5:30pm Take Kitty back to the trauma therapist that she HATES, who usually triggers a meltdown (temper tantrum) in Kitty, but the trauma has to be addressed or we're going to end up with another kid like Bear, who has not even touched his issues, and the second he goes off his many meds will become psychotic and scary. {Did I mention that he applied for the military? I wish they WOULD take him, but he's not really eligible because of his diagnoses and medications. One more thing for him to pout over, and find a way to blame on me.}

6:45pm We're supposed to be at dinner with Grandma and the rest of the family, but therapy always runs over {did I mention being late for food is a trauma trigger for Kitty?}

Throughout it all I have to

  • finish gathering documentation for the IEP meeting showing Kitty needs this special school

  • continue to research residential treatment centers to find a good one for when/if we finally get authorization for treatment (that was supposed to happen when she was released almost 2 weeks ago).

  • find someone to fix the big TV (it won't turn on, just makes a clicking noise)

  • clean the house before the Medicaid lady gets here

  • deal with a pouting 18 year old who lost his internet privileges because he hasn't been doing his chores

  • ... and all the things that the mother of four kids, including two who are special needs, has to do on a daily basis

Thursday, October 13, 2011

This vs That

He Said/ She Said

So we walk into the Principal's office and he invites us to sit down and asks how he can help. Then Hubby did something totally frustrating. He started at the beginning.

He started talking about how we came to adopt the kids almost 5 years ago. I don't think the principal knew much about us, but at one point he'd either randomly decided that we were trying to get the school to pay for residential treatment (not that we'd be adverse to it) or he really did know more about us than he'd/we'd thought, and let us know the school district hadn't paid for residential treatment in over 25 years.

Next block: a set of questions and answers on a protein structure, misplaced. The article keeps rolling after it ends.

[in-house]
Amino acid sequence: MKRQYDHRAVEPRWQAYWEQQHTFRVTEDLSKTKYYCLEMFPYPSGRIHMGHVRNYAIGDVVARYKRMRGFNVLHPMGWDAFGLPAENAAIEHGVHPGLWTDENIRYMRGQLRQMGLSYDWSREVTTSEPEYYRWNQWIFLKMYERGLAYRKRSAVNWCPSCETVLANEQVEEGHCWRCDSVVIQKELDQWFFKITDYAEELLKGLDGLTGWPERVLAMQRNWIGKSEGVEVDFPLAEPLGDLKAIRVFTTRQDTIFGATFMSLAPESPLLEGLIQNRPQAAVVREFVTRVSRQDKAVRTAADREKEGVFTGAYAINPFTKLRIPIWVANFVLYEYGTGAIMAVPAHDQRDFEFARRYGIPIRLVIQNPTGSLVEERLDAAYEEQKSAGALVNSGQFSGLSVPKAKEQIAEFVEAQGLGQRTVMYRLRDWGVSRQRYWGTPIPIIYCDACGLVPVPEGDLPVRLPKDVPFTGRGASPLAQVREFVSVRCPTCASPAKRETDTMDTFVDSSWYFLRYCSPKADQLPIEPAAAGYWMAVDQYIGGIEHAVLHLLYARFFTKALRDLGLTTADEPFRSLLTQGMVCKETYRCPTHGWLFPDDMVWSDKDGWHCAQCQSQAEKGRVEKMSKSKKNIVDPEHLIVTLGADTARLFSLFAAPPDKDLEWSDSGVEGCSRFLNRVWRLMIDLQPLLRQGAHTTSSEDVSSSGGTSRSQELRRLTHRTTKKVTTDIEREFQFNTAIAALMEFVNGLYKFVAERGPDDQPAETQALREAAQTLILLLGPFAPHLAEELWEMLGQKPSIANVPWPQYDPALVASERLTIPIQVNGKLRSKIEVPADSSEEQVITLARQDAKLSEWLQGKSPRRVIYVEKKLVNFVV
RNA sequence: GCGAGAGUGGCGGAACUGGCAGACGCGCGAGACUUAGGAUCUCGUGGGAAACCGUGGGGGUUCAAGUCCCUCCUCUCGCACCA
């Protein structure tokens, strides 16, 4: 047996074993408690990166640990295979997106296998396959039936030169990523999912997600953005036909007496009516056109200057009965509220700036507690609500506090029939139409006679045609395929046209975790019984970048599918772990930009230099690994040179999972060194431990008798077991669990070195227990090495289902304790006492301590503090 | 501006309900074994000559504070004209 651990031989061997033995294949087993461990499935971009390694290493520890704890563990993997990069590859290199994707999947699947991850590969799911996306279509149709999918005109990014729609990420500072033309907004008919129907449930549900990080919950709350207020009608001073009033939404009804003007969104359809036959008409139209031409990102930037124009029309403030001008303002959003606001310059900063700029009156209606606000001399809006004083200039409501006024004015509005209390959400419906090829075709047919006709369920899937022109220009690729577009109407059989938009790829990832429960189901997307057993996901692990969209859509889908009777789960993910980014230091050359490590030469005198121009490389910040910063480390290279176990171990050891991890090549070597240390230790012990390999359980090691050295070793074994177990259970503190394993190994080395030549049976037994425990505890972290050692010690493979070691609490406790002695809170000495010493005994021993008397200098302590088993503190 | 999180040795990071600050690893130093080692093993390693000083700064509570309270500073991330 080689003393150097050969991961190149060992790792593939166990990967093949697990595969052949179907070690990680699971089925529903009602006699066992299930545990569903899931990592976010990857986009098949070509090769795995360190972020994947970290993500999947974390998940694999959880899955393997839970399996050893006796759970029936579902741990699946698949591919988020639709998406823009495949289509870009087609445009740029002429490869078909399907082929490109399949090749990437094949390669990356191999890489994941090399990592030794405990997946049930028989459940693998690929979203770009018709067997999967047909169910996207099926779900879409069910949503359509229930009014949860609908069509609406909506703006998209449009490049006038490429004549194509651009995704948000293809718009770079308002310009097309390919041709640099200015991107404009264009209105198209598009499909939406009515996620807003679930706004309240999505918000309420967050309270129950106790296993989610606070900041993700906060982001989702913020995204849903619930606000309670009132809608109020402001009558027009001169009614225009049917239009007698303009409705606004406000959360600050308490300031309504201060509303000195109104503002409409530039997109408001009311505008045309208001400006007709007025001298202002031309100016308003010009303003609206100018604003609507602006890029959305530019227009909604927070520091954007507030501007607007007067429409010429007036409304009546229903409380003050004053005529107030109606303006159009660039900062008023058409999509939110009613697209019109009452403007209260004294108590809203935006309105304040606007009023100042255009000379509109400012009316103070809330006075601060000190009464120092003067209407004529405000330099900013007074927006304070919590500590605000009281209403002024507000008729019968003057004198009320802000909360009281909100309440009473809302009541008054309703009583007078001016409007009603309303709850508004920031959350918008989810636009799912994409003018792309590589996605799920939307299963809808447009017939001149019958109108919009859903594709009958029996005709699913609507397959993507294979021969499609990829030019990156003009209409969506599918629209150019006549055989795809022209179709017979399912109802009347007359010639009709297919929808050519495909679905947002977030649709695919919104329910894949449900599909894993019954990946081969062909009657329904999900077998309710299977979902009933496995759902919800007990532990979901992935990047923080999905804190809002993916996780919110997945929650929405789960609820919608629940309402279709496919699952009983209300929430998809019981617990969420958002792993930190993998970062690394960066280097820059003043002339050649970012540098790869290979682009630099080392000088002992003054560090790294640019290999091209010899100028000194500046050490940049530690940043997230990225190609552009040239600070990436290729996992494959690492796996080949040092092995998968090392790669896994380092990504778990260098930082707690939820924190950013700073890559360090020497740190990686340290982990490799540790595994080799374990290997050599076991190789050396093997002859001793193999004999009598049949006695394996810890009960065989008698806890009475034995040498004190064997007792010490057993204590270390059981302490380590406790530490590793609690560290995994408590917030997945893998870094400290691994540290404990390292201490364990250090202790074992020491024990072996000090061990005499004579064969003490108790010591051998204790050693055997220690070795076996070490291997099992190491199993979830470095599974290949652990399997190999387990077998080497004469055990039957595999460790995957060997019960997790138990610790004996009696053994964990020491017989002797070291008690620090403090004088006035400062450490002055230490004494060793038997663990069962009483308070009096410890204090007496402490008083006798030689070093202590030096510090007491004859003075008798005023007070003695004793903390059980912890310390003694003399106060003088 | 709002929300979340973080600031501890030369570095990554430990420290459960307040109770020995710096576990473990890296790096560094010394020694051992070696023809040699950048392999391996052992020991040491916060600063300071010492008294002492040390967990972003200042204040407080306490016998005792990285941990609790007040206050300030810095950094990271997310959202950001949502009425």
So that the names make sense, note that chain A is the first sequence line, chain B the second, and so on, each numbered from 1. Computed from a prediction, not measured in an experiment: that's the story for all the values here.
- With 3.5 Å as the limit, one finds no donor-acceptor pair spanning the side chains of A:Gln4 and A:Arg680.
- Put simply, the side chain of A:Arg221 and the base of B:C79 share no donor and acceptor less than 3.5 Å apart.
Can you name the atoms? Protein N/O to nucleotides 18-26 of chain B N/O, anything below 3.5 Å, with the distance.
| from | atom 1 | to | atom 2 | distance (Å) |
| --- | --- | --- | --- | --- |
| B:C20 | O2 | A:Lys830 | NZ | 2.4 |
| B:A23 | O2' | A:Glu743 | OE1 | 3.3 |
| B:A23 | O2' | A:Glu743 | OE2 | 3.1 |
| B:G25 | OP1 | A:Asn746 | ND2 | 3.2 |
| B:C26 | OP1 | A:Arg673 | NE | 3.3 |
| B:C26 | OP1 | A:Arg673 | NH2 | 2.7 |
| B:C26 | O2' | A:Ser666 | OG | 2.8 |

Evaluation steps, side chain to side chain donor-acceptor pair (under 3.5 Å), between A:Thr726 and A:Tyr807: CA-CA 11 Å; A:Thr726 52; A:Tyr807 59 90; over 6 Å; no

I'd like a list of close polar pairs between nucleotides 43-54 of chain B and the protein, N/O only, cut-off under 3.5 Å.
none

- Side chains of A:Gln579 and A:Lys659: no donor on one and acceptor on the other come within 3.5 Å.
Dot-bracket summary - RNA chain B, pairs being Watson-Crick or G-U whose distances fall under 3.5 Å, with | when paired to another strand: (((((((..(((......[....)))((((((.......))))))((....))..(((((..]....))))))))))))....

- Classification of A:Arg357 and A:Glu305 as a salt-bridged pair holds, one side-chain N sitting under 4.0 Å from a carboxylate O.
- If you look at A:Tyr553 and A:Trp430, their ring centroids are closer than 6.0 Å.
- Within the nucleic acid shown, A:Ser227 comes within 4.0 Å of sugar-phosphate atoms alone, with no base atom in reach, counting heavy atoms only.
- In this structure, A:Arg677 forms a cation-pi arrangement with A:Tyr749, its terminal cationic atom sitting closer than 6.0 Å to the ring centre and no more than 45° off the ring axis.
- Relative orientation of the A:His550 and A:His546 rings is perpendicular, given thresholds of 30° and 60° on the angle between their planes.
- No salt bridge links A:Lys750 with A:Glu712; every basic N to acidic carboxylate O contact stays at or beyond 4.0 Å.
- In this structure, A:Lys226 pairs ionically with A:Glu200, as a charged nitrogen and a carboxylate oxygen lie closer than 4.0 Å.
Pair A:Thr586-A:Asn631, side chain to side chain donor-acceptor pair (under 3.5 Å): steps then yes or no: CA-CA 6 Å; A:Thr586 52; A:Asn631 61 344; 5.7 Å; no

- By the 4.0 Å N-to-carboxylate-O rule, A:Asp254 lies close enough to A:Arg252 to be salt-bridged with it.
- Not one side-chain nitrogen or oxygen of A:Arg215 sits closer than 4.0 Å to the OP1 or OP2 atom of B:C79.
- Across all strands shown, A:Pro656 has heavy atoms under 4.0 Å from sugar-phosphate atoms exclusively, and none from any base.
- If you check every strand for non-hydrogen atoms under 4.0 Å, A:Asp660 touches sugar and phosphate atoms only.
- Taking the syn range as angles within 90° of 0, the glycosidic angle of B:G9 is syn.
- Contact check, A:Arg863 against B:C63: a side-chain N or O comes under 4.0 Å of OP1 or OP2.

Hubby and I have had many discussions about me interrupting him, talking over him, and taking over conversations. I'm always exhausted and therefore I apparently do this often. I do know that my short-term memory is shot so I tend to speak my mind before I forget it!

So I was nervous about taking over the conversation, but I felt we were headed down a rat hole with this particular conversation, so I jumped in anyway. I explained that our primary concern was the safety of Kitty, particularly during unstructured times like in the hallways and a lunch. The principal assured me he'd look into it. Not holding my breath that anything will come of it. (Ironically Hubby describes this conversation differently and felt it went well. He told Grandma the main reason he'd initiated the conversation was because he felt I was overwhelmed and he wanted to "fix it."



We've always known that TX Medicaid stinks when it comes to providing mental health services (there's a reason we're like 48th in the country when it comes to mental health services). So we delayed the kids' adoptions for months to have residential treatment written into the kids' adoption subsidies. Many months ago we tried to get Nebraska Medicaid to pay for intensive outpatient/partial day hospitalization (not covered by TX Medicaid) and they absolutely refused because our agreement was for residential treatment (RTC) only.

Now we had two psychiatrists stating she needs RTC, no private insurance to confuse the matter, and every RTC I had approached (given tons of numbers by TX Medicaid - none of which actually accepted TX Medicaid and most of which weren't actually RTCs) looking for someone who took TX Medicaid, had stated that no one took the type of TX Medicaid we had... so I figured we had NE Medicaid in the bag!

I called them and discovered that they'd had a major revamping of their system. I was told that NE wouldn't even look at whether or not she qualified for RTC unless she already had NE Medicaid. The only way she could get NE Medicaid was if she was physically in Nebraska and no longer had TX Medicaid (earliest that could happen was November 1st. Then she had to show that she was severe enough to need RTC, but capable of responding to treatment in 90 days... and we decided that the price was too high to pay.

In the meantime I was still trying to get Texas Medicaid to put in writing that they wouldn't provide RT. We managed to get a case manager and I met with her today. She seems to think she can find an RTC. Now I'm worried that she will! Then we'll be stuck with whatever program they scrounge up.

My friends have only recommended 3 places in Texas as being semi-decent. One, we've already sent the kids to, and it's great for diagnosing and proper medication, but stinks for therapy - which is what Kitty needs. One has a mixed review, basically it depends on which therapist you get. Both of these accept NE Medicaid. The third was the most recommended, and I've been playing phone tag with them for over a week. No way TX Medicaid would pay for the the first and last, and probably not the second.

Just to make things more complicated. Nebraska called last night. They've decided to eschew NE Medicaid and provide funding from another source. Which means we'd keep TX Medicaid for any medical health issues that crop up, and can choose (within reason) the treatment center.